The new mantra spouted by politicians is ‘we have to make difficult decisions’, the use of the term ‘difficult decisions’ is nothing more than PR speak and has already worn thin, it is a way that Politicians can act as though this is something being foisted on them, over which they have no control and if only they could, they would spend unlimited amounts of money on everything.
The fact is that expenditure in the UK is higher than income and this is always a distinct possibility as potential demands for expenditure will always exceed income. These so called ‘difficult decisions’ are being taken all the time. The British people are not idiots and are well aware that cuts need to be made.
For many years the, spend now – pay later culture has pervaded both in personal households and also by Government. The abrupt collapse in the financial system has brought this failure to balance the books to the fore.
To argue about what should have been done and how to get out of this mess are a separate debate and should not be confused with the essential aspect. Finances in the UK are limited and should be spent more efficiently and in a more targeted manner.
On a personal level, individuals are reluctant to see taxes rise and a governmental level; politicians are reluctant to cut spending, so we have an imbalance.
The discussion needs to centre around what drives people to be so self focussed when it comes to their taxes, but so socially conscious when it comes to government expenditure. Efficiencies should be made across Government Departments and public sector expenditure. I am sure many people in the UK can identify examples of wasted money, be it in grandiose buildings, PFI inefficiencies, Quangos, etc. but these are issues tinkering around the edges.
The discussion needs to focus on the core expenditure of this country.
The NHS eats vast chunks of money in all sorts of programmes. We perhaps need to revise our expectations about the NHS, what is it and what is it not.
There is a debate to open as to whether the NHS should be spending money on treatments such as IVF, Cosmetic Surgery, and leading edge research. Should the NHS provide palliative care, or only treatments? Should parts of the NHS treatment process become means tested. Is the NHS responsible for treatment of those with self imposed conditions, such as drinkers, the obese, smokers etc?
It is ridiculous for the users of the NHS to demand ever increasing ranges of treatment, yet at the same time expect to pay ever decreasing taxes.
The Defence budget is another huge expenditure area. The UK continues to seek to play a role as a major world power, on a budget which doesn’t cover the costs. Should we be seeking to have a Military which is able to respond to conflict around the world, or should we scale back to become a defence of the country? Should the UK seek to remain a nuclear force, or should it move away from this?
Having a world class fighting force, requires money, can the country afford it and should we strive to have a military which is able to respond in a meaningful way to world conflicts.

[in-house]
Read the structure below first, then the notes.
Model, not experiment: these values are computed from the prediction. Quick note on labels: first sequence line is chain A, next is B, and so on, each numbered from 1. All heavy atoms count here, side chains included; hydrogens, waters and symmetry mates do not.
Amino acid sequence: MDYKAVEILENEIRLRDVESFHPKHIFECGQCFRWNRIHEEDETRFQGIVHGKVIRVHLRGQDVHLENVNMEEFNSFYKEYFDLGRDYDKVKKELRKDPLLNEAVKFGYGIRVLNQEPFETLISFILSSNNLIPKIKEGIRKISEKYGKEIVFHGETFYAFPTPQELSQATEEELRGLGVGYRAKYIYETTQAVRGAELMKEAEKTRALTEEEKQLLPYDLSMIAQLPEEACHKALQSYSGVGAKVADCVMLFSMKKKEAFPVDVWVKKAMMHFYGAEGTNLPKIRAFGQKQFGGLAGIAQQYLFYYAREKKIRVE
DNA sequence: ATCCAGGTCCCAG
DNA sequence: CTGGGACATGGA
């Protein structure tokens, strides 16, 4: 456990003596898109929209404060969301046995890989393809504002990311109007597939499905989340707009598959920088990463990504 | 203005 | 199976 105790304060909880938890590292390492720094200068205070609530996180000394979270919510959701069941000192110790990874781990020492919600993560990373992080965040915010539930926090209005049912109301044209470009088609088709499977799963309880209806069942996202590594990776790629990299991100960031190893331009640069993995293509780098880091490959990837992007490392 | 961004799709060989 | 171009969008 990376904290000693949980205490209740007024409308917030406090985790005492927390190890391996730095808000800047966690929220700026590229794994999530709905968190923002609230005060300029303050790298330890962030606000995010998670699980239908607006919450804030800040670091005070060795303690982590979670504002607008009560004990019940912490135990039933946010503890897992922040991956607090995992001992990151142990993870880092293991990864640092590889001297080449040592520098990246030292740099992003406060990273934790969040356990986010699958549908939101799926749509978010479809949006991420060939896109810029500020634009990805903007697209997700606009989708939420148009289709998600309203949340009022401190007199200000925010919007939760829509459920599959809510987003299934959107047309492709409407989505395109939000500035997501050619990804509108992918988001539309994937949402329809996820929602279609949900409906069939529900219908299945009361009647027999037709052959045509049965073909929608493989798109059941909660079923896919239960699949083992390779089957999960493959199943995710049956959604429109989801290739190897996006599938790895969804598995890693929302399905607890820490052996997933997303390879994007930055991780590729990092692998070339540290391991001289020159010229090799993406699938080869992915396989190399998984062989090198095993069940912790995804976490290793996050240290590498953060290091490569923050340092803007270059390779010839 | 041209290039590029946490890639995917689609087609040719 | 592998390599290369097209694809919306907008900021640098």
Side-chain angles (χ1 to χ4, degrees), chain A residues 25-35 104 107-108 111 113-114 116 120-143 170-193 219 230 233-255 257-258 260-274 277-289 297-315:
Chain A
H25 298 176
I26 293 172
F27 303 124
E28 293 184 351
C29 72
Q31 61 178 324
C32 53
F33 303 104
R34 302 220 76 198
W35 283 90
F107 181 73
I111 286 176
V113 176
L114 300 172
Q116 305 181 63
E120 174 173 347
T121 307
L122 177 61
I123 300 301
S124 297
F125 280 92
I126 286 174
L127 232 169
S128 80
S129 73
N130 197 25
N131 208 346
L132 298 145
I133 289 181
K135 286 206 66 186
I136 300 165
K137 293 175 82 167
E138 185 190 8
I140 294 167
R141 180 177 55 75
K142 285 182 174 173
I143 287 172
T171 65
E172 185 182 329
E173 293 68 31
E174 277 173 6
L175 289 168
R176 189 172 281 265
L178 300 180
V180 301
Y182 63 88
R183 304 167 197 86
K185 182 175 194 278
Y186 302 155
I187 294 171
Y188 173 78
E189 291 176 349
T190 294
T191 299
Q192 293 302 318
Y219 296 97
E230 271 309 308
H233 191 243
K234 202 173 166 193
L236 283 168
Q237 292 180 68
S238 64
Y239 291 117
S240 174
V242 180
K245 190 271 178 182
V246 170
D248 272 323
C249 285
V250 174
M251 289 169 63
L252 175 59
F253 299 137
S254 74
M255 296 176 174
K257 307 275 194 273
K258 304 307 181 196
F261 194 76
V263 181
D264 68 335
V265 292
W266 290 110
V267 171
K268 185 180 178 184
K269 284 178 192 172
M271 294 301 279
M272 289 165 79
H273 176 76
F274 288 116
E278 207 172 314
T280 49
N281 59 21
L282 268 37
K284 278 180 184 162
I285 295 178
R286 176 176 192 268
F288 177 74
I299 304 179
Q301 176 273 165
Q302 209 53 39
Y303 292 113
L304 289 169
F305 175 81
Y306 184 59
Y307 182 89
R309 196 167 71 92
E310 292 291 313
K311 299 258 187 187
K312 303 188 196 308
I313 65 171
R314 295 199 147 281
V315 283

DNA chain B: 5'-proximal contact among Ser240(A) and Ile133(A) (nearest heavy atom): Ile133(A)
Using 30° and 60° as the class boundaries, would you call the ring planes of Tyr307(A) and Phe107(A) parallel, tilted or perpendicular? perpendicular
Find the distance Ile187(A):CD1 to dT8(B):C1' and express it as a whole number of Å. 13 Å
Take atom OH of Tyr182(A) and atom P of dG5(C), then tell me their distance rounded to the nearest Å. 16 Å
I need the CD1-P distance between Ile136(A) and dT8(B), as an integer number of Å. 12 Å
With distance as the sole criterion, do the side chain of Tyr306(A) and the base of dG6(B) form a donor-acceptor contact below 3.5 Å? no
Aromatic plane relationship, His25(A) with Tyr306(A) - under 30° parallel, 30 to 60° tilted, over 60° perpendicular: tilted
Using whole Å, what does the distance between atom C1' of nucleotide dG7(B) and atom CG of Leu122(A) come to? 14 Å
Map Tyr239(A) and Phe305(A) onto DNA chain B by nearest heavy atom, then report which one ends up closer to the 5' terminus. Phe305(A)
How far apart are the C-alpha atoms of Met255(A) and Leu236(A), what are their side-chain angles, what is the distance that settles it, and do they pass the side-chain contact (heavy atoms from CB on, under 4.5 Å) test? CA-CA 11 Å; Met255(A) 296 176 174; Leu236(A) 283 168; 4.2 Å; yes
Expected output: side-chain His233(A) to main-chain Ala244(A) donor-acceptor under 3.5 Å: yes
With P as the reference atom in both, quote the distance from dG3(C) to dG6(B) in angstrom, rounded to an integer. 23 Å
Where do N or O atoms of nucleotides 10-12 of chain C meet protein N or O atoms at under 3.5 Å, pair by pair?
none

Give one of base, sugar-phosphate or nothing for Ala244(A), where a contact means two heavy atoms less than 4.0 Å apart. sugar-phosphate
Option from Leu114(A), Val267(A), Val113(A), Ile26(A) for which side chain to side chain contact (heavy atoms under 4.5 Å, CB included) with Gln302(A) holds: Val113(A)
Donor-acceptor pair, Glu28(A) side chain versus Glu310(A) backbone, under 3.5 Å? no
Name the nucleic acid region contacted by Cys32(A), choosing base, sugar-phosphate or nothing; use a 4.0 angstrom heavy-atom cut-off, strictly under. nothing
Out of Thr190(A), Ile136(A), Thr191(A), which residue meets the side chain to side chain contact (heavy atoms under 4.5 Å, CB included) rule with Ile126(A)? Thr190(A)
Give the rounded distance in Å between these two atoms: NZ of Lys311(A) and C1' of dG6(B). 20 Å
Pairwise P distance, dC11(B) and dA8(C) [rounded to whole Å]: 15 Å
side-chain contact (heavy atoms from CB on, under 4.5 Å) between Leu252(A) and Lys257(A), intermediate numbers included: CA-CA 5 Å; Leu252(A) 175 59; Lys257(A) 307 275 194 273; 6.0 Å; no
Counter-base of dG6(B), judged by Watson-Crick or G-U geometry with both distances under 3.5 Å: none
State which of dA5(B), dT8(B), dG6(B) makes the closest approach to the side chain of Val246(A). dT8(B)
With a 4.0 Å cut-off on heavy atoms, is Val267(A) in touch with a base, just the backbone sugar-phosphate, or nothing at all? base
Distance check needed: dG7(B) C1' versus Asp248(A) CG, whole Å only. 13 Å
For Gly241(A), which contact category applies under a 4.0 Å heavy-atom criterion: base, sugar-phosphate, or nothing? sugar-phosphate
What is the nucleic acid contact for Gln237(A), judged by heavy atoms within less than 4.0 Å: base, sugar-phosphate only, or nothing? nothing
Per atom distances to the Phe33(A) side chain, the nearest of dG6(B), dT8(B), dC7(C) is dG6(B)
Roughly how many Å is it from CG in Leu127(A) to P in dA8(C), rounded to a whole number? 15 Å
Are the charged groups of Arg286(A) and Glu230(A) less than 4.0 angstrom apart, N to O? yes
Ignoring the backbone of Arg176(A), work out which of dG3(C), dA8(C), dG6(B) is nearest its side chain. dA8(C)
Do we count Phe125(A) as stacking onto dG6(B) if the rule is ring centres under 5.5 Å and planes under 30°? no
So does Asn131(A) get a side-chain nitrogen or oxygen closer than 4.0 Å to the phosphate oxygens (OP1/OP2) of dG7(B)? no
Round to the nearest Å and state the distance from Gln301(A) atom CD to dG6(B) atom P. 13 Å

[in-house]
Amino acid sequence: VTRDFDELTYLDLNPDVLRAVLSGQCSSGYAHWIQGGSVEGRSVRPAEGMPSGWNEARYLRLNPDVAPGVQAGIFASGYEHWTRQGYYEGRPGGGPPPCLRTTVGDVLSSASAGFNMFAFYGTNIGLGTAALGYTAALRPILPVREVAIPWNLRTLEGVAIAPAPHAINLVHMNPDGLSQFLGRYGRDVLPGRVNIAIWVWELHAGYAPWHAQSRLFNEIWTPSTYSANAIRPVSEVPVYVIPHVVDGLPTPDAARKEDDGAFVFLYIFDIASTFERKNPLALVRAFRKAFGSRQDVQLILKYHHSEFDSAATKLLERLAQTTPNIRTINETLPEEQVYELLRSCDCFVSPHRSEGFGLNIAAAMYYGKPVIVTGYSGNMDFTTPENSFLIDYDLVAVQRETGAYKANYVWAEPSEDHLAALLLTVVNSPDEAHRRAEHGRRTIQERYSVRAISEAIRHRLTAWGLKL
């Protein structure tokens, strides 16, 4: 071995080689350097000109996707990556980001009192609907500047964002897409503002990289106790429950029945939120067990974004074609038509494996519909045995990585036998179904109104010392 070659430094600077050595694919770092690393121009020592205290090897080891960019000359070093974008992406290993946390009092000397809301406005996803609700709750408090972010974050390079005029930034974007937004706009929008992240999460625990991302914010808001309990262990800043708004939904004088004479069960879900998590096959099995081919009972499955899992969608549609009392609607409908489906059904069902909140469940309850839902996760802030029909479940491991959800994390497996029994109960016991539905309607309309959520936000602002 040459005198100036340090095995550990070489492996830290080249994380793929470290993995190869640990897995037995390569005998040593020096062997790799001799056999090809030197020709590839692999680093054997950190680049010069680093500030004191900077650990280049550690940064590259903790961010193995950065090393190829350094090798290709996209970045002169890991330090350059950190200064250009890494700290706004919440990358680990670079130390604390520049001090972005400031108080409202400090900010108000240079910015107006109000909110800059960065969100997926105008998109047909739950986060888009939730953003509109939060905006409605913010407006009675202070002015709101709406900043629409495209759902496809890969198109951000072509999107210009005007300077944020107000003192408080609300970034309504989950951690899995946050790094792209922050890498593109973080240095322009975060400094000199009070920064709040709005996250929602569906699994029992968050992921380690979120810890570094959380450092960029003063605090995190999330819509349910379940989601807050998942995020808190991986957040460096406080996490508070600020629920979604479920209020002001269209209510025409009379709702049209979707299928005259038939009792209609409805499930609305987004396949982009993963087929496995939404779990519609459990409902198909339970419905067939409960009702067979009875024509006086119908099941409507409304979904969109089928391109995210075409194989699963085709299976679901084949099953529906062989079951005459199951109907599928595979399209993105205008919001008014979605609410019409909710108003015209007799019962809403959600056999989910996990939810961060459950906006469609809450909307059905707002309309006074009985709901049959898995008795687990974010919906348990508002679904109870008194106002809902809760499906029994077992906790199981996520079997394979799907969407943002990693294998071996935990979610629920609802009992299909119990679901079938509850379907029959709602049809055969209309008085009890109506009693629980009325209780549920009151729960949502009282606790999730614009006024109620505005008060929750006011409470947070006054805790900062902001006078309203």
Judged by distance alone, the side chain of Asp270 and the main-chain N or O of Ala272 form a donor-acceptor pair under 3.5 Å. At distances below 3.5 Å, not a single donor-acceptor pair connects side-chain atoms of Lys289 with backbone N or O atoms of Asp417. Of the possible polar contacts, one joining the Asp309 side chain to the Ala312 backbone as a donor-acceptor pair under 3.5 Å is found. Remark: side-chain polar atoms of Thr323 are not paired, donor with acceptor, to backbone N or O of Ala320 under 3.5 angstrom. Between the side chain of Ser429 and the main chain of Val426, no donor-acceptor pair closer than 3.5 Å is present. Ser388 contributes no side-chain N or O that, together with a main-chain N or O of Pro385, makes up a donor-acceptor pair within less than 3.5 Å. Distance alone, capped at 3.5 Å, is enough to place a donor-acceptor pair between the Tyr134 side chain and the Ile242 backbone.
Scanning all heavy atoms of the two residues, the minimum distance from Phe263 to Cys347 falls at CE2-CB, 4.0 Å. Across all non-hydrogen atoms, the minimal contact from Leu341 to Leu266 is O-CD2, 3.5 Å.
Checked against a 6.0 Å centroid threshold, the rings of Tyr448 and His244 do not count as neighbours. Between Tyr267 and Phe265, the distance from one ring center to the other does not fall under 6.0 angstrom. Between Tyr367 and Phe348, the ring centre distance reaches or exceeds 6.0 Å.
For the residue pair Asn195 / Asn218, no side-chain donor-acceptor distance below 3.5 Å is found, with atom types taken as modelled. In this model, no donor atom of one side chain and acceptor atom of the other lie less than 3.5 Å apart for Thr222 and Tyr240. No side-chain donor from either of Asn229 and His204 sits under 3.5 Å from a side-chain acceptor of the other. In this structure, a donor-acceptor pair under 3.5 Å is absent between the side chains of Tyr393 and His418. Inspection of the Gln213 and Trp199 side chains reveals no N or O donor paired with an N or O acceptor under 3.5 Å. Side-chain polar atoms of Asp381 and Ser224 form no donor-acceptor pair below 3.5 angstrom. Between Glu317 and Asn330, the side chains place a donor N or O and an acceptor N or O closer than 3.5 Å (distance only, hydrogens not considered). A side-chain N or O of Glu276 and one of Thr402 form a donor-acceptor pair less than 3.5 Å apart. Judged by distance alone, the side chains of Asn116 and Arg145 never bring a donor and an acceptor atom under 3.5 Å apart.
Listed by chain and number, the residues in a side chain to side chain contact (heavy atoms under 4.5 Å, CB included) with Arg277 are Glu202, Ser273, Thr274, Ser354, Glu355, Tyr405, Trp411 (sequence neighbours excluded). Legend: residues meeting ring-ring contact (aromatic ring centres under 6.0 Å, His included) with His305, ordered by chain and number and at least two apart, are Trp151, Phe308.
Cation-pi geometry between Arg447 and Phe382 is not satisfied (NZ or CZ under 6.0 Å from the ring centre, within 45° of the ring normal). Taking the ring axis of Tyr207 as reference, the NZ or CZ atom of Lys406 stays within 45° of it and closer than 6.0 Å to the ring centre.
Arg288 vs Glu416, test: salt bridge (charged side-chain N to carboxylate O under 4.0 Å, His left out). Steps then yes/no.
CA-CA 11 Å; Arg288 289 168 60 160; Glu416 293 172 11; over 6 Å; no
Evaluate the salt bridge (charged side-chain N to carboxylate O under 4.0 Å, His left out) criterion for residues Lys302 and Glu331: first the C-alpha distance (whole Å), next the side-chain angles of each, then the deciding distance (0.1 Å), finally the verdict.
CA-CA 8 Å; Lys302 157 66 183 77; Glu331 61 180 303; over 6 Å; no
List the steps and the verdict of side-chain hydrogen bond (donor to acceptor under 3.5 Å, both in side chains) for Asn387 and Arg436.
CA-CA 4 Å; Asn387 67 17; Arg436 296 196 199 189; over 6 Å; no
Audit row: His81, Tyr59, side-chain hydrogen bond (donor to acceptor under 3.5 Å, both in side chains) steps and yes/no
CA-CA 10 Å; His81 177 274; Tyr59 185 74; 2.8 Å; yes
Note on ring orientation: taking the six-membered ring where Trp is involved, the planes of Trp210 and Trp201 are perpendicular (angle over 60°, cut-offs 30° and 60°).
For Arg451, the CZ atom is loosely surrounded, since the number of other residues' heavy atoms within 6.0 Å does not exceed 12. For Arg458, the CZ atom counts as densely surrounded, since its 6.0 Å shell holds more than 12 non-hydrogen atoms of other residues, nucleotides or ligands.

The education system is another area with a large budget. What are the aims of our education system and why. Do we need larger schools, do we need more schools? Should children be made to stay in state funded education until the age of 18? Should University education be funded by the tax payer, or the student?
Looking at climate change, how should the country focus on the issue? Should it even focus on the issue? Should fossil fuels be taxed at a higher rate and the money invested in alternative sources of energy or should alternative energy research and development be funded through indirect taxes. Is there any need to focus on alternative energy? Should people be incentivised to become ‘greener’, or penalised for not becoming ‘greener’? Should any money needed to be spent on the issue of climate change or is this a choice individuals should be making?
There are other big areas of expenditure, this is only a short list and not necessarily the most important, until the ‘sacrosanct’ are identified, trying to balance budgets is nothing more than hot air. Not only do Politicians need to look at this issue, but individuals must accept their own financial responsibility in the process. Demanding more services yet throwing hands up in horror at the idea of higher taxes is a ridiculous starting point.
This country needs to limit expenditure and individuals needs to consider whether the reluctance of people and business to pay higher taxes, means we are absolving Public Services from the responsibility for providing services.
The discussion needs to be open and those with free market attitudes who would prefer to head towards a system of limited centrally provided services, need to be honest with themselves, about the reality of that type of society. Those who would prefer a system in which all services are freely available to all and provided centrally again need to step up to the plate and accept the reality of their position.
Burying heads in the sand and expecting the state to provide all to everyone for free at point of delivery yet refusing to pay for it is a road to nowhere and in reality is unachievable. There is limited income and therefore there has to be limited expenditure. The questions are what money should be spent on and how much are we prepared to pay, at that point budgets can actually be balanced.
Politicians have a role in this debate by being honest about cost implications; people have a responsibility to accept their role in funding those costs.